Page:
I have just read John Hewson’s regular Saturday Paper article (28th Jan 2023). This one was about recycling. Hewson relates how in 2000 he and a consortium tried to get support from NSW Premier Bob Carr for a state of the art recycling plant.
All that they asked was to receive the waste for 25 years, not actual funding. The project was not supported, more landfill sites were opened.
What struck me most was the information Hewson referenced that Australia lags behind the best practise recycling levels reached by Sweden and Korea for glass, food and plastic recycling. Indeed we generate the most single use plastics in the world of which only about sixteen percent of which is recycled ( probably less now that RedCycle has collapsed).
Here’s a link to that article — it may be only available to subscribers — but maybe you can read one article before the paywall hits.
The article reminded me of my aim in starting Parting with your art ( and archives and library) was to share my experience in downsizing and re-homing our photographic art collection, a photographic art library and forty odd years of research files and ephemera.
I proposed that If you pay to acquire — pay to retire. This includes research files.
So a decade or so years and thousands of dollars later I have dispersed about four full height bookcases worth of titles to every state and territory gallery, various regional and special interest libraries, including several overseas archives in California and New Zealand as well as friends and associates . Recent recipients have been the Women’s Art Register and the Melbourne Art Library.
Eight half and full height filing cabinets are now empty and despite best efforts plastic file sleeves, manila drop files and ring binders as well as outdated office supplies have had to go to landfill. Adverts on gumtree met with no interest. I don’t think the manila drop file folders can go into the paper bin because of their metal hanging strip but maybe be if I cut the metal off???
First choice for me for books and archive material has been the Edmund and Joanna Capon, National Art Library at the Art Gallery of New South Wales — my first curatorial stamping ground. My then Director the late Edmund Capon allowed me to start curatorial work and was a great supporter as well as awesome and fun. I remain deeply grateful.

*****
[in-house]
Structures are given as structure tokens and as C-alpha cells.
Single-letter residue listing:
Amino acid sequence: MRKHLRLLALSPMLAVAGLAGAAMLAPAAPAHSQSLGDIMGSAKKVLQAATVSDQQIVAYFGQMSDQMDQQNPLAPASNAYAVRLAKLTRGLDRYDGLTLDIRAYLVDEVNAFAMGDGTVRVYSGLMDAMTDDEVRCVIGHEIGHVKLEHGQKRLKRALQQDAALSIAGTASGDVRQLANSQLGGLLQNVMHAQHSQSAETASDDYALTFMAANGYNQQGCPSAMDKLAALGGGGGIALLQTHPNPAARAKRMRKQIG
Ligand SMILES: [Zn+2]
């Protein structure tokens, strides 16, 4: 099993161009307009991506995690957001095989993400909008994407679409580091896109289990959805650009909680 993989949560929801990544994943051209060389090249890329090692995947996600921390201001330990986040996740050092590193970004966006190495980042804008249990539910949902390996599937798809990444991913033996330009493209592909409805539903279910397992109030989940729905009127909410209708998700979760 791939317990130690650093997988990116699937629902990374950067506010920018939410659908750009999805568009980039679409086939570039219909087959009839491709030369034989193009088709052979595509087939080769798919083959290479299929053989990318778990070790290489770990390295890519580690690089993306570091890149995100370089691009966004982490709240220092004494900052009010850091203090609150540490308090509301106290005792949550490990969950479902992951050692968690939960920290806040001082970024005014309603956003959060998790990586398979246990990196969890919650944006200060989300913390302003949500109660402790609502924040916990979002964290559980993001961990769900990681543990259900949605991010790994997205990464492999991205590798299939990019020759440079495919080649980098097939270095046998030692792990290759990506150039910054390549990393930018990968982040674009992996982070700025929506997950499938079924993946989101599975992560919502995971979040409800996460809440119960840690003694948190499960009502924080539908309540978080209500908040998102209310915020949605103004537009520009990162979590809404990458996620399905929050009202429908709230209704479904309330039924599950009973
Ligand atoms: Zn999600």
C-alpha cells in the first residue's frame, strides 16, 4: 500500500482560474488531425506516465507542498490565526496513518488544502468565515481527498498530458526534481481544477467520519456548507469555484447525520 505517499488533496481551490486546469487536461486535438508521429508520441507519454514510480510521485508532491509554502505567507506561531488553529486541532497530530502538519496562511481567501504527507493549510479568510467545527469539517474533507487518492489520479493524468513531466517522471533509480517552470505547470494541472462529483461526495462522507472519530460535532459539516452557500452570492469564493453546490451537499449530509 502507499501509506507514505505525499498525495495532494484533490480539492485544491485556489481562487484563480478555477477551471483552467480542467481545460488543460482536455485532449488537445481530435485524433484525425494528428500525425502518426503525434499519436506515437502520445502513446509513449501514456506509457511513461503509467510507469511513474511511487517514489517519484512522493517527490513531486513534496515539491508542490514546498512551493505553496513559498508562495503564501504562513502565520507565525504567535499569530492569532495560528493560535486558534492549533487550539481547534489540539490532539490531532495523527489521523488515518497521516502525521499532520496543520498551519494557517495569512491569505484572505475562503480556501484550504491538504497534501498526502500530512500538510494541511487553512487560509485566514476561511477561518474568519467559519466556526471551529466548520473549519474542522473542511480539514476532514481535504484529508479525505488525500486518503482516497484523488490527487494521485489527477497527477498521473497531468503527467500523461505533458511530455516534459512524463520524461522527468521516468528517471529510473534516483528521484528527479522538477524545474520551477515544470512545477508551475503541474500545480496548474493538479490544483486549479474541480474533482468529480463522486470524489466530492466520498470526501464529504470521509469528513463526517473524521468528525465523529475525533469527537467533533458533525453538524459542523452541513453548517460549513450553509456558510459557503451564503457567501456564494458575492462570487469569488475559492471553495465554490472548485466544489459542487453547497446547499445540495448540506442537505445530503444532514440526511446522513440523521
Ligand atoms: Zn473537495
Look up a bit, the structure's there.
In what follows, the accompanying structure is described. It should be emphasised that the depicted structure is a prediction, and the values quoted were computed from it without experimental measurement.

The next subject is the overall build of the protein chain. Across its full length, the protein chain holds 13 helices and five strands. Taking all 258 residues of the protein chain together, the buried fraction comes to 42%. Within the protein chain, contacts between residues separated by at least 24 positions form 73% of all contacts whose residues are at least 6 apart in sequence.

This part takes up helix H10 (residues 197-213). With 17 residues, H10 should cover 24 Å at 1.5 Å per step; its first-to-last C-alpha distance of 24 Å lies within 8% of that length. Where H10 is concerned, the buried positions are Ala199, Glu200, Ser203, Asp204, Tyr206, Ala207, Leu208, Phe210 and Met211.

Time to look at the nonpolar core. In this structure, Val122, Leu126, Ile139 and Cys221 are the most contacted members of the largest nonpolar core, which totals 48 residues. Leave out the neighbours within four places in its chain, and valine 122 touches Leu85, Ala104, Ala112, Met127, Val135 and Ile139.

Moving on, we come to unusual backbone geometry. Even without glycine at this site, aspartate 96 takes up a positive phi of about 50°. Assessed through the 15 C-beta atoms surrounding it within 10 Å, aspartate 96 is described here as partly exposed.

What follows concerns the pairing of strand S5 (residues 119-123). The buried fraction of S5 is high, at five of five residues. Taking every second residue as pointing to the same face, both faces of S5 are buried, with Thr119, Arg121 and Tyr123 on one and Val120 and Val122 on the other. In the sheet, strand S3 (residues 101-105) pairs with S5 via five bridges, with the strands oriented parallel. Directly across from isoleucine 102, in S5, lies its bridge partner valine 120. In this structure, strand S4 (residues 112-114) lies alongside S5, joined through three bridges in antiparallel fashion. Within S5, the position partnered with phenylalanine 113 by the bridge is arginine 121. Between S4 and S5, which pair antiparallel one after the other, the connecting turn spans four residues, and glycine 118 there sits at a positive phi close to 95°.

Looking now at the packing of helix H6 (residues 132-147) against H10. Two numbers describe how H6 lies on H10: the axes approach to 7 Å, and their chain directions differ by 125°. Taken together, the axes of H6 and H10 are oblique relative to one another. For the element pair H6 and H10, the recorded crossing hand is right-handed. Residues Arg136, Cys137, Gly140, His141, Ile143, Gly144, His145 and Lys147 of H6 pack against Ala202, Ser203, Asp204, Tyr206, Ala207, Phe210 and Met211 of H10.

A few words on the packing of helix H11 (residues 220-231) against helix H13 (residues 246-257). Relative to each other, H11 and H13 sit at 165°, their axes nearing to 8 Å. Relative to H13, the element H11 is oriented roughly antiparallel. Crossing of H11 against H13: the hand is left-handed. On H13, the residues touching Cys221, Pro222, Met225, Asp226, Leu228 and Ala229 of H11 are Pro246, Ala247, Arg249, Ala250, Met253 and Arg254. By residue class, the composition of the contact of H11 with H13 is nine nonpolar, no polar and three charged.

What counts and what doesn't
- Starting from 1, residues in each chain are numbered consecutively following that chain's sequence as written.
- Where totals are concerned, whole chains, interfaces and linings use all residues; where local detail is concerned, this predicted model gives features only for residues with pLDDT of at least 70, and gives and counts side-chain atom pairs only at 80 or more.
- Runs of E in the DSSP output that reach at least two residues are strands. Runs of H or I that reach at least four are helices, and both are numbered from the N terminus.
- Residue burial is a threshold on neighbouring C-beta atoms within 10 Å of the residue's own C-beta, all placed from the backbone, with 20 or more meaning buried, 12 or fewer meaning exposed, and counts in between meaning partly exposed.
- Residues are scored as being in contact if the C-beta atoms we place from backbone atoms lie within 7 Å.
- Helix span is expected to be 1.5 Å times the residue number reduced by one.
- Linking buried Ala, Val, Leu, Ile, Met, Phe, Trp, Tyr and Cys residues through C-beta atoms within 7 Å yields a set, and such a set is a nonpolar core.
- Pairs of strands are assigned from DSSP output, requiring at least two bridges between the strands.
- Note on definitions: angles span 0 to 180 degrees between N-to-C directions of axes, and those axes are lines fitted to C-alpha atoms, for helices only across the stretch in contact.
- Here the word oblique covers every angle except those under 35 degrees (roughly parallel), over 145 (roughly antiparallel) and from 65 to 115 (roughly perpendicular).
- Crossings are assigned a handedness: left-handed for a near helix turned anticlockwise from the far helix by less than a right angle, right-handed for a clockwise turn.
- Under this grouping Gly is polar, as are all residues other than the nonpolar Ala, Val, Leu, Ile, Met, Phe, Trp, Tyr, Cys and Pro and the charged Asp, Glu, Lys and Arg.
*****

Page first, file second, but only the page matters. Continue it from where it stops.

We recently visited the extended and renovated library and partner Paul has written a commentary on the wondrous new space (link at bottom of page).
Capon Librarian Steven Miller has been so supportive of the concept of what is an archive in what he has taken in progressively over many years from me and others. He has been a saviour for some imperilled material.
The Library is a joy to be in and the most inspiring experience I have had in a long time. The architectural design and the cultural values of an archive is are in perfect harmony. If one could be buried in the crypt I would reserve my plot.
I have already written about the challenges of downsizing research files. A number of academics I know have had their whole archive acquired by libraries — especially if they wrote books on particular artists and held much direct correspondence and so forth.
I was happy to dispose of a lot of mine which were downloaded articles still available online – although that won’t always be the case of course.
I have scanned a lot and have assembled tubs of drop files and slides that are to be transferred to the Art Gallery of New South Wales.
A recycling option has recently been demonstrated by my old friends the remarkable collaborating duo of photo and photo book artists, curators, teachers and bloggers; Drs Victoria Cooper and Douglas Spowart.
Two years ago they bought a house in Benalla that came with a large bare lawn.
From March to December 2022 they transformed a patch into a bush garden. The first weed block layer was made up of the pages from their draft doctoral dissertations and four hundred or so sheets from journals and magazine clippings.
The ring binders covers were used in other ways and the rings put in the paper/metal/glass recycling bin. Plastic sleeves also became layers or went to RedCycle bins.
Victoria Cooper and Douglas Spowart are actively participating in the many activities staged by the Benalla Art Gallery. Here’s a page about their association with the gallery and a selection of photos of events. click here: https://wotwedid.com/
So for those of you with papers that maybe don’t quite quality for an archive and want to do some recycling closer to home to save transport emissions the Cooper-Spowart option may well be a model.
Artist’s archives are still a major interest and I will get back to those in a future post.
The article by Paul was in City News Canberra — he covered several topics in this one opinion piece.
For more on Parting With Your Art — - click here
here’s a link back to my main blog page — click here